My Turn: This is why so few African Americans vote GOP
It is hard to imagine anyone would choose to equate the horror of the Fugitive Slave Act of 1850 to providing access to health care to Americans. But it happened right here in New Hampshire. As an African American who recently witnessed Gov. Maggie Hassan sign a bill freeing slaves, posthumously, I am appalled and every Granite Stater should be too.
Just over a week ago, disgraced and deposed former House speaker Bill O’Brien was fervently rallying against health care reform in front of the State House when he shocked the state with this: “And what is Obamacare? It is a law as destructive to personal and individual liberty as the Fugitive Slave Act of 1850.”
Since then, the Concord Monitor has called O’Brien’s comparison “obscene” and “despicable.” The Nashua Telegraph called his statements as “a stain on the New Hampshire House,” and asked the New Hampshire Republican leadership if these views “represent those of the party” as a whole.
More than a week has passed since O’Brien added these disgraceful comments to his long, dark record of shameful and embarrassing remarks.
Instead of an apology, he has battened down the hatches and defended his egregious position. Yet, still more shocking has been the numbing silence coming from the leadership of the New Hampshire Republican Party.
I am struck by how easily and openly the far right wing voices its disdain for providing access to affordable health care for all. Doubly so when such access should be a fundamental right, shared by all Americans. The simple fact is improving the health of our society will improve the health of our economy.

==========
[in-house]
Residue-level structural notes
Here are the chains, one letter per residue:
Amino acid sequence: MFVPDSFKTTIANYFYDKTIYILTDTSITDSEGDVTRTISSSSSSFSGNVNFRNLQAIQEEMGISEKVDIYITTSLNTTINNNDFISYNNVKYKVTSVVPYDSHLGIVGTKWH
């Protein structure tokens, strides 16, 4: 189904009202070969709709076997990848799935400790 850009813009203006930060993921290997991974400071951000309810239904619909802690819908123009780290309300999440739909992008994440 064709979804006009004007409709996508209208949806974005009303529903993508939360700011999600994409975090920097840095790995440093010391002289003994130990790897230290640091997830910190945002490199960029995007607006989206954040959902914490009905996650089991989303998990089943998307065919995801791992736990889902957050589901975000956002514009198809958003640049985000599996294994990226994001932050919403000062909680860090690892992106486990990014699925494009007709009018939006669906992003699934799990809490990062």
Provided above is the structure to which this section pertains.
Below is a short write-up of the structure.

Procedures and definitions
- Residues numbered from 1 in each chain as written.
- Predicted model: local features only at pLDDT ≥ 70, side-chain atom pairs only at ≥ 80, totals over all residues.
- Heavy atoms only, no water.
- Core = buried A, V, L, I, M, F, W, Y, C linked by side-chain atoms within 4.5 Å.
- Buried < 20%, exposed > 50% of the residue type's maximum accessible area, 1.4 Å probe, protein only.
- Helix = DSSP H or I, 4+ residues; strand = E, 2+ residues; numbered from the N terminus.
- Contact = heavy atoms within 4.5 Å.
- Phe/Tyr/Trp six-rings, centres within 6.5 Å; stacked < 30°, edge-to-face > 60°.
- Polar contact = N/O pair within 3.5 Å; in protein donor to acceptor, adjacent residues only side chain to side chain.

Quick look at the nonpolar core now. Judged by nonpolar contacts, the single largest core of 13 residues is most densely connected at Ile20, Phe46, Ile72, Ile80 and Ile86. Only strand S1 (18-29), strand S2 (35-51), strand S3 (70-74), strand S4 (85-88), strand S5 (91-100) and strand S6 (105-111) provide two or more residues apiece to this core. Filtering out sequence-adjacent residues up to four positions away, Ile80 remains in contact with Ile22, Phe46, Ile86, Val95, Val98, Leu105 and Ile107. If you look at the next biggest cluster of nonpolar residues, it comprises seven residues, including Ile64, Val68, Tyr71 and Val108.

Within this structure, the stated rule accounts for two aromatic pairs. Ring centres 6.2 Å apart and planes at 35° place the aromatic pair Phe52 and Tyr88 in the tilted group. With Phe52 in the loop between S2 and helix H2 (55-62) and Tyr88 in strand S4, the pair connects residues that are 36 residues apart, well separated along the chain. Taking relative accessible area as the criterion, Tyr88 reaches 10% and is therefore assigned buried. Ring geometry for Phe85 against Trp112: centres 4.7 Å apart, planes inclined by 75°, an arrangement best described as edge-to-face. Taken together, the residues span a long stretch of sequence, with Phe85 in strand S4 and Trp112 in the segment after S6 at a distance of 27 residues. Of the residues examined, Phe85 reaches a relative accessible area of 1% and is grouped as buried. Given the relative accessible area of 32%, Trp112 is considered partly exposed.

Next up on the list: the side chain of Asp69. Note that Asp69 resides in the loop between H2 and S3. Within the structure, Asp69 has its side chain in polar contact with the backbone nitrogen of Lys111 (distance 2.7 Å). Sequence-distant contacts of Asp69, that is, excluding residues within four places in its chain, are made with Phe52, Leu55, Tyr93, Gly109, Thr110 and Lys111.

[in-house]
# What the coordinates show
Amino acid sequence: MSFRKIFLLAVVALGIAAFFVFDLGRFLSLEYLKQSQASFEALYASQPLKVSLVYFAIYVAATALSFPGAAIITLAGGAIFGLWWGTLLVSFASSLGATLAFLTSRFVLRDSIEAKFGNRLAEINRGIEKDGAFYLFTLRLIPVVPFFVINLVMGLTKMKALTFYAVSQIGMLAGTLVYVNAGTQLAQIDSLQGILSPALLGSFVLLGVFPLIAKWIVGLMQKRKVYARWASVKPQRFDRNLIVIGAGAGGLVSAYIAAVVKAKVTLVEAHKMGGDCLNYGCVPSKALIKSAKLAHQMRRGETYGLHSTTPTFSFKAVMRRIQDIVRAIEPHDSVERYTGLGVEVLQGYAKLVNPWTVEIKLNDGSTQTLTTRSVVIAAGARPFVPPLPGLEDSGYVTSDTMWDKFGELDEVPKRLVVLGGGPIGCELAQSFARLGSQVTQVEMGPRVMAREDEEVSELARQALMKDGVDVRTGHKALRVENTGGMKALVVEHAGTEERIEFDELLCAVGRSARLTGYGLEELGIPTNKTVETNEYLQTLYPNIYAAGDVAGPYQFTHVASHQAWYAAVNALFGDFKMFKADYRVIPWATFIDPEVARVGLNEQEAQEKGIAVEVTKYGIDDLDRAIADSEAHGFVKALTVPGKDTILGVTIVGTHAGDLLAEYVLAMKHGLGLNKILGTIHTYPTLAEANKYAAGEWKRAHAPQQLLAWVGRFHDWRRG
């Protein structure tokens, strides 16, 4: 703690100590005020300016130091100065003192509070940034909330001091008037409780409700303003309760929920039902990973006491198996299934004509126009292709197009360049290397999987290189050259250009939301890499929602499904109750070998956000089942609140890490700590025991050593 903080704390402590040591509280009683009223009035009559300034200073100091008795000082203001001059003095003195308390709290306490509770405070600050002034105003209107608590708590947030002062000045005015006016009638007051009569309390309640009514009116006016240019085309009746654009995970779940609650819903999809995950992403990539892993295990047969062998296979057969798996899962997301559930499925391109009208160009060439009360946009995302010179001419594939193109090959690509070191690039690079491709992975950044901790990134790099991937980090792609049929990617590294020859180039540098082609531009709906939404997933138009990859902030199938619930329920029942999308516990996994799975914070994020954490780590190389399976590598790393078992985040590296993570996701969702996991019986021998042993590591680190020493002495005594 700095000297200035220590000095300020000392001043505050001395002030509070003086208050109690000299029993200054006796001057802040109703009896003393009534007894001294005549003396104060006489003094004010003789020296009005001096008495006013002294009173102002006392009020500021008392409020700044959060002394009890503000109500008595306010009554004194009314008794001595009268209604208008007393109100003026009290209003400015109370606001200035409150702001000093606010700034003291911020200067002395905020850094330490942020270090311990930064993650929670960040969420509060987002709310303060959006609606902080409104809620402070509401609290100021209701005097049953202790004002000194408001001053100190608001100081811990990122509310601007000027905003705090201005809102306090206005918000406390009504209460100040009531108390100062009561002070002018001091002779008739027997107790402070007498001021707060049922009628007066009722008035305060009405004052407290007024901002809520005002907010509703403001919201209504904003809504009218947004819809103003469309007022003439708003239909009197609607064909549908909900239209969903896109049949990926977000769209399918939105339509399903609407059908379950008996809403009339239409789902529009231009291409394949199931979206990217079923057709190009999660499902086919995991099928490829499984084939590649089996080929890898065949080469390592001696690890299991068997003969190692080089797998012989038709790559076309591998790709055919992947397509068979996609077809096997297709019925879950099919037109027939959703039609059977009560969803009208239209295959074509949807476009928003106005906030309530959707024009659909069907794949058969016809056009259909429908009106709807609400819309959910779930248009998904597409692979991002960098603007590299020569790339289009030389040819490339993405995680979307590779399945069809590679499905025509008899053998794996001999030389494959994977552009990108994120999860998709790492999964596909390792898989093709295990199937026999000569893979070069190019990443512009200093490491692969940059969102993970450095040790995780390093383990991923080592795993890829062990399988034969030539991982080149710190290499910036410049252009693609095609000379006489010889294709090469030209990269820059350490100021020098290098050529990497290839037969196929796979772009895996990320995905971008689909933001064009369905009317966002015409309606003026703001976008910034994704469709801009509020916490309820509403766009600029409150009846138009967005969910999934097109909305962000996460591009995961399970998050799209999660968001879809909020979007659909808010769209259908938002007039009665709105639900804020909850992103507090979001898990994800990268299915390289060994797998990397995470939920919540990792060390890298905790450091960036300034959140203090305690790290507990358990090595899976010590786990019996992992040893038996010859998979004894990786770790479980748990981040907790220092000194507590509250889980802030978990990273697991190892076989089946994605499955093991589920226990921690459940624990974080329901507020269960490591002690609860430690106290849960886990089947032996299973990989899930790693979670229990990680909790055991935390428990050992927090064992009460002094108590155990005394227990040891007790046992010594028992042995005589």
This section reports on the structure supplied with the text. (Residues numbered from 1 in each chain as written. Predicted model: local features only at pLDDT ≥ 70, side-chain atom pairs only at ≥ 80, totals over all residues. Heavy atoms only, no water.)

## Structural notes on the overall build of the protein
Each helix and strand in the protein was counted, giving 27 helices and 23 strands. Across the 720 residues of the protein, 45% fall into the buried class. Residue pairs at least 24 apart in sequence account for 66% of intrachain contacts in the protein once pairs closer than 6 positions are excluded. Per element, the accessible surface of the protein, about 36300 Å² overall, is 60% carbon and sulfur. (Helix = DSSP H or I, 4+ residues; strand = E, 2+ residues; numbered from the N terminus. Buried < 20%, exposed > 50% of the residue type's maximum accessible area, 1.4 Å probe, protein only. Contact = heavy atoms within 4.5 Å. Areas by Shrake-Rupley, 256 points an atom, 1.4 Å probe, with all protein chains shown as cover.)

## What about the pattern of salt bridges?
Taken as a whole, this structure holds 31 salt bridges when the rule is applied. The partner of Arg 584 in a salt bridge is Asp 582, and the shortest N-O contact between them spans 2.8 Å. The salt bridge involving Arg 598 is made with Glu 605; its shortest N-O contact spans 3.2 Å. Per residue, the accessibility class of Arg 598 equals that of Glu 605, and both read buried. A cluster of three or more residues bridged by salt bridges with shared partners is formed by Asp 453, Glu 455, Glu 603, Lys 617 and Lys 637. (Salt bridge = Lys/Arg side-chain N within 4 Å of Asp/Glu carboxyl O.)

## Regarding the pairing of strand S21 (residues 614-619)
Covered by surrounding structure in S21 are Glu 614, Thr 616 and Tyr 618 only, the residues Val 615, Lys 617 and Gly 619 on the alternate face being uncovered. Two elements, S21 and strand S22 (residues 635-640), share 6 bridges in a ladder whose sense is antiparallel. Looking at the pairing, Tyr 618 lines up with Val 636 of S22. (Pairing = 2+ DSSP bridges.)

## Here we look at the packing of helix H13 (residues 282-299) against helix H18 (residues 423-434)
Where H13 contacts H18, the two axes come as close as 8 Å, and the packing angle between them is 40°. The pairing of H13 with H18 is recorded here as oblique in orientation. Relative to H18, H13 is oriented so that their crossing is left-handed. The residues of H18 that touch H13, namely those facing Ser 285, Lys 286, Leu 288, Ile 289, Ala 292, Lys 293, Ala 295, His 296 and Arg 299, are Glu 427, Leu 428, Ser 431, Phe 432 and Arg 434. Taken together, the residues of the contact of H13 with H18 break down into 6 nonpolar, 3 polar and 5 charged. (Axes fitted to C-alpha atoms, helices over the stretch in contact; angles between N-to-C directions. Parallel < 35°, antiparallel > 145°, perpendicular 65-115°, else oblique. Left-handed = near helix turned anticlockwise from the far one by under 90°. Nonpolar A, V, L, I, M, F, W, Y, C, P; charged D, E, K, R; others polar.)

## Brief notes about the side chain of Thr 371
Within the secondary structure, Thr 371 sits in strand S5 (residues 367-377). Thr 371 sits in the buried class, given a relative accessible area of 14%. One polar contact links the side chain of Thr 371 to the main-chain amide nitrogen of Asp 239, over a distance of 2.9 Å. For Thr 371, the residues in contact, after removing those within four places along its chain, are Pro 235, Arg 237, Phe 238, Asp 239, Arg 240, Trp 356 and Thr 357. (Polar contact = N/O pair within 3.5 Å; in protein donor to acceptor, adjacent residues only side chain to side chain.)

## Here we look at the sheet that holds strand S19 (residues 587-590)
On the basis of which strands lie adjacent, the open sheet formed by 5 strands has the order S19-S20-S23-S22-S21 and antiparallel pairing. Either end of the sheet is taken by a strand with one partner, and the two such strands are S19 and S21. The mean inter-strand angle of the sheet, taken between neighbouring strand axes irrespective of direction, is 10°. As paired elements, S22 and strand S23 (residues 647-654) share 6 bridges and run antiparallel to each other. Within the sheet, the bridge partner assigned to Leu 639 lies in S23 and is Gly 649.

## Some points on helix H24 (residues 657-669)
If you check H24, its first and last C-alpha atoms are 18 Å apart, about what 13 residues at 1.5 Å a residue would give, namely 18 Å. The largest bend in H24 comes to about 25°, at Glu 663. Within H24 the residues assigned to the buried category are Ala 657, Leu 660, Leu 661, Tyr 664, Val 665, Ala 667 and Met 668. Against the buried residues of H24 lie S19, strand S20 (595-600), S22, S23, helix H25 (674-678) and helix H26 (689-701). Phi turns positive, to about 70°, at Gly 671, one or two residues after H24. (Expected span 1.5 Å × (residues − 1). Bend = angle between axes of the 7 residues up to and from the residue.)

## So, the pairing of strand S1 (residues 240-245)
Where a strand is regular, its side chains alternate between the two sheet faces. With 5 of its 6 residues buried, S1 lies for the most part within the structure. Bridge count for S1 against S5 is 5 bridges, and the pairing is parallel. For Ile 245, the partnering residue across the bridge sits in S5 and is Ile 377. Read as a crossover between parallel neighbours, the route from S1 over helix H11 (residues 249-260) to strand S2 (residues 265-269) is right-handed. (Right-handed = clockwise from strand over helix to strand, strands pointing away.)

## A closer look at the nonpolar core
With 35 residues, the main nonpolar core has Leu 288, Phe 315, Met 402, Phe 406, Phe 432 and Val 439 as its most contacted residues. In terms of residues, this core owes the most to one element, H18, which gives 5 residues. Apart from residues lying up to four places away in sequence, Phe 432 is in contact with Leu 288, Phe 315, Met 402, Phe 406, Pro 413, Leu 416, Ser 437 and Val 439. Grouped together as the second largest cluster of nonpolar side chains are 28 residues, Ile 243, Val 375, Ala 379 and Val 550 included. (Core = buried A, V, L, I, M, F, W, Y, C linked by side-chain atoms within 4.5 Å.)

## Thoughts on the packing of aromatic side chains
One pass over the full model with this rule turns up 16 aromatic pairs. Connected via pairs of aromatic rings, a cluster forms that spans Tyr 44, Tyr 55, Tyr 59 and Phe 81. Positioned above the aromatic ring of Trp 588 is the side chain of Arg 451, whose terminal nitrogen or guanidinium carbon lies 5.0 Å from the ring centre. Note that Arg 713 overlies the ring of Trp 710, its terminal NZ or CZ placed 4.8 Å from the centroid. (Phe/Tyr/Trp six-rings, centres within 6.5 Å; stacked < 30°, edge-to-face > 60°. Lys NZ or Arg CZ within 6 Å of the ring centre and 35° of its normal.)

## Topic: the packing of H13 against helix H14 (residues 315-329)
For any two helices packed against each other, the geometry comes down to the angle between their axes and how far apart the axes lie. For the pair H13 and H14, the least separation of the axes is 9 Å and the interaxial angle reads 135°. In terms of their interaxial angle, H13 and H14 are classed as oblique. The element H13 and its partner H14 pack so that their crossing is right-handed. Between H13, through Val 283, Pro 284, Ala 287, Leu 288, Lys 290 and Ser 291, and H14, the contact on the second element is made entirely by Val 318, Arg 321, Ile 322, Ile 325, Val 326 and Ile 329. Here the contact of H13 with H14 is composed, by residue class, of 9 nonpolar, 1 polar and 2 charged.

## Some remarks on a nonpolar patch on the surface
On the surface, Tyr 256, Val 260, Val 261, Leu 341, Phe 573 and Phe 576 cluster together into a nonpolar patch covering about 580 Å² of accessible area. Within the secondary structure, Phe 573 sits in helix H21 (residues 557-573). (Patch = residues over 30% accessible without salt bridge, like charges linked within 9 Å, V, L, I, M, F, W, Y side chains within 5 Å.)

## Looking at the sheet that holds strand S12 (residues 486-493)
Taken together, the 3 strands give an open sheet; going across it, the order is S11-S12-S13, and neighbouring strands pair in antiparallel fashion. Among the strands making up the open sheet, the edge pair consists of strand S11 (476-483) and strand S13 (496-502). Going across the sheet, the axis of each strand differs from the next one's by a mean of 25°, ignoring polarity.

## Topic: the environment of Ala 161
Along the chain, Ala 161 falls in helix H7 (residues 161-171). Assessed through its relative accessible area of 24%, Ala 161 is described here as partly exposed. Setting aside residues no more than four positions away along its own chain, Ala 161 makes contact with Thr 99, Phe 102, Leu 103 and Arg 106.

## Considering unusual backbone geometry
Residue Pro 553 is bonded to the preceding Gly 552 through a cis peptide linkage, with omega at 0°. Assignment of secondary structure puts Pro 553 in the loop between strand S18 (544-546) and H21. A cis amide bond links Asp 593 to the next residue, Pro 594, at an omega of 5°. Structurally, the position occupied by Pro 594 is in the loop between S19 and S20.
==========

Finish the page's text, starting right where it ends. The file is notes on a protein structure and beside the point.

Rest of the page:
I also am struck by a party which acknowledges the need to be more inclusive, continues to insult, belittle and marginalize the very groups of minority voters needed to win elections. In New Hampshire while it is fair to say our numbers our small, O’Brien and the Republicans who refuse to distance themselves from him should not be lulled into a false sense of security. We vote, we matter and we will be joined by Democrats, Republicans and Independents who find his statement offensive.
O’Brien’s colleagues would be wise to re-consider their silence and show some grit. They need to refute his statements lest they be grouped with him and his radical thinking. With the silence of the GOP leaders, it is easy to understand why so few African Americans even consider voting Republican.
Here’s the kicker – try as they might to thwart the efforts of the President and the Democratic Party – the economy has strengthened, the budget deficit is declining and the rise in health care costs is slowing at a faster rate than projected. Access to affordable health care is the law of the land; it has been upheld by the Supreme Court, and was reaffirmed by voters last fall. Get over it, and let’s talk about improving our education system.
(Joanne Dowdell of Portsmouth is an at-large member of the Democratic National Committee.)